Column by John Lohn
CRANBURY, New Jersey. August 17. The medal detector so successfully used by Brendan Hansen during his international swimming career has been in his garage for a year. And considering the state of the sport, with record-breaking that has been a sham at all levels, Hansen has no regrets about taking 2009 away from the pool.
Hansen has been working diligently with PureSport, the upstart energy drink company of which he is a partner. He's also watched swimming change drastically, and in a sad way. The sport to which he has dedicated the majority of his life is a mess. It is dominated not by sheer talent, but by a wardrobe nightmare that has blurred the line between skill and technological support and has allowed mid-level performers to compete alongside the best of the best.
The recent World Championships in Rome, of course, provided the perfect illustration of how muddled swimming has become. While setting a world record was once a special feat, there were 43 global marks set during the eight-day competition at the outdoor Foro Italico, which would have been a more fitting venue had it been covered by a circus tent.
"I watched zero of it," said Hansen, who was the two-time defending world champion in the 100 breaststroke. "I wasn't interested because of the suit situation. You can't compare what went on there with anything that was done before, so it wasn't worth looking at. Being the hardest worker doesn't get you what it did in the past."
For much of Hansen's career, he controlled the outcome of his races. Possessing the perfect combination of power and technique, Hansen rose to the top of his events, along with Japan's Kosuke Kitajima, the double Olympic champion in 2004 and 2008. The hours Hansen spent training and honing his stroke were the reasons for his vast success at every level.
In February 2008, however, the sport changed with Speedo's unveiling of the LZR Racer, the high-tech swimsuit designed with the help of NASA. The swimwear included polyurethane panels and enabled swimmers, through body compression, to be buoyant and maintain better position in the water, particularly in the latter portion of races, when fatigue is supposed to take over.
The LZR was the dominant suit at the 2008 Olympics, worn by the majority of medalists and responsible for a slew of world records. But by the time the World Championships rolled around, it was obsolete, an analog player in a digital world. The Italian companies Arena and Jaked had developed better suits, made almost entirely of polyurethane, and these rubber products enabled swimmers well down the world rankings prior to the suit storm to suddenly contend for world-championship medals.
More, several national-team coaches have stated the suits have been a bigger aid to some swimmers than others. That group includes France's Lionel Horter and the United States' Mark Schubert.
"To be honest, it is hard to accept," Hansen said. "I could have been a mediocre swimmer, but I chose to do everything I could to be the best. I based decisions in my life around that. Now, you see someone put on these new suits and they jump up a level, but without changing a thing with their stroke or how much they train. That doesn't add up."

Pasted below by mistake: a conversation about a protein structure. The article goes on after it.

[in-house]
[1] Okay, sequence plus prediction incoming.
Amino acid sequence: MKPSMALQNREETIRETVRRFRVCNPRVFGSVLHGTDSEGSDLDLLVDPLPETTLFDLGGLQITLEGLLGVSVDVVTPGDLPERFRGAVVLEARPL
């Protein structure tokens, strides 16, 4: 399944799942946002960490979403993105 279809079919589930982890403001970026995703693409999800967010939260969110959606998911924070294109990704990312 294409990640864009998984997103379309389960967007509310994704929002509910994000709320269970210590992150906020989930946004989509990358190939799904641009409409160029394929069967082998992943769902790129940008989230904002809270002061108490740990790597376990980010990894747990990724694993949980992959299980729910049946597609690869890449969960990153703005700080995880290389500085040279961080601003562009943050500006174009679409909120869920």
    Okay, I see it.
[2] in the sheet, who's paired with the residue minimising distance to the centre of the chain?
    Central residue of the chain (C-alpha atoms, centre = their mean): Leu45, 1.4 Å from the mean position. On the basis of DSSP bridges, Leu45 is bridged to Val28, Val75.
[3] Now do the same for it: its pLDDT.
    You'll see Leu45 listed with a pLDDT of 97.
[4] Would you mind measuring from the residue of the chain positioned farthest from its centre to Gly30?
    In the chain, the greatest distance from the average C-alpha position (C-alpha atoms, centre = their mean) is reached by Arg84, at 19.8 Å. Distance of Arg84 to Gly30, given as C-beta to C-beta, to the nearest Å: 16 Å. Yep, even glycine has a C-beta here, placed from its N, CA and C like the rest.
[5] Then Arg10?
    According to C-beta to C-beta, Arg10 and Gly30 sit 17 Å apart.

How much have the high-tech suits changed the sport? Consider this: Before they were introduced to the sport in early 2008, only three men had ever broken the one-minute barrier in the 100 breaststroke and the 2:10 barrier in the 200 breast.
Hansen was the world-record holder in the shorter distance, his best time of 59.13 nearly a half-second quicker than the No. 2 performer in history. Meanwhile, Hansen held the global standard in the 200 breast at 2:08.50, and was the only member of the sub-2:09 club.
This year alone, 19 men have cracked a minute for the 100 breast and 23 have gone under 2:10 for the 200 breaststroke. As for the world records, they now stand at 58.58 for the 100 and 2:07.31 for the 200, those standards the products of the technological doping, as one Italian coach once put it, that has neutralized exquisite technicians such as Hansen and Kitajima.
Since February 2008, more than 190 world records have been set.
If there is a positive development, it's the fact that FINA, the sport's international governing body, is outlawing the high-tech suits effective Jan. 1, 2010. At that point, only textile fabrics will be allowed and male swimmers will be required to wear jammers, swimsuits that start at the hips and end just above the knees. Gone will be the bodysuits, some of which stretched to the ankles and were cut around the shoulders, therefore covering the torso.
"Going to jammers, that will be good because it will be swimming again," said Hansen, who has stayed in shape and is competing in triathlons. "But it could be bad, too, because we won't see records for a long time and people like world records if they mean something. FINA didn't know this was going to happen, but they could have changed it. They could have done something earlier and gotten rid of the suits. FINA got caught with its pants down."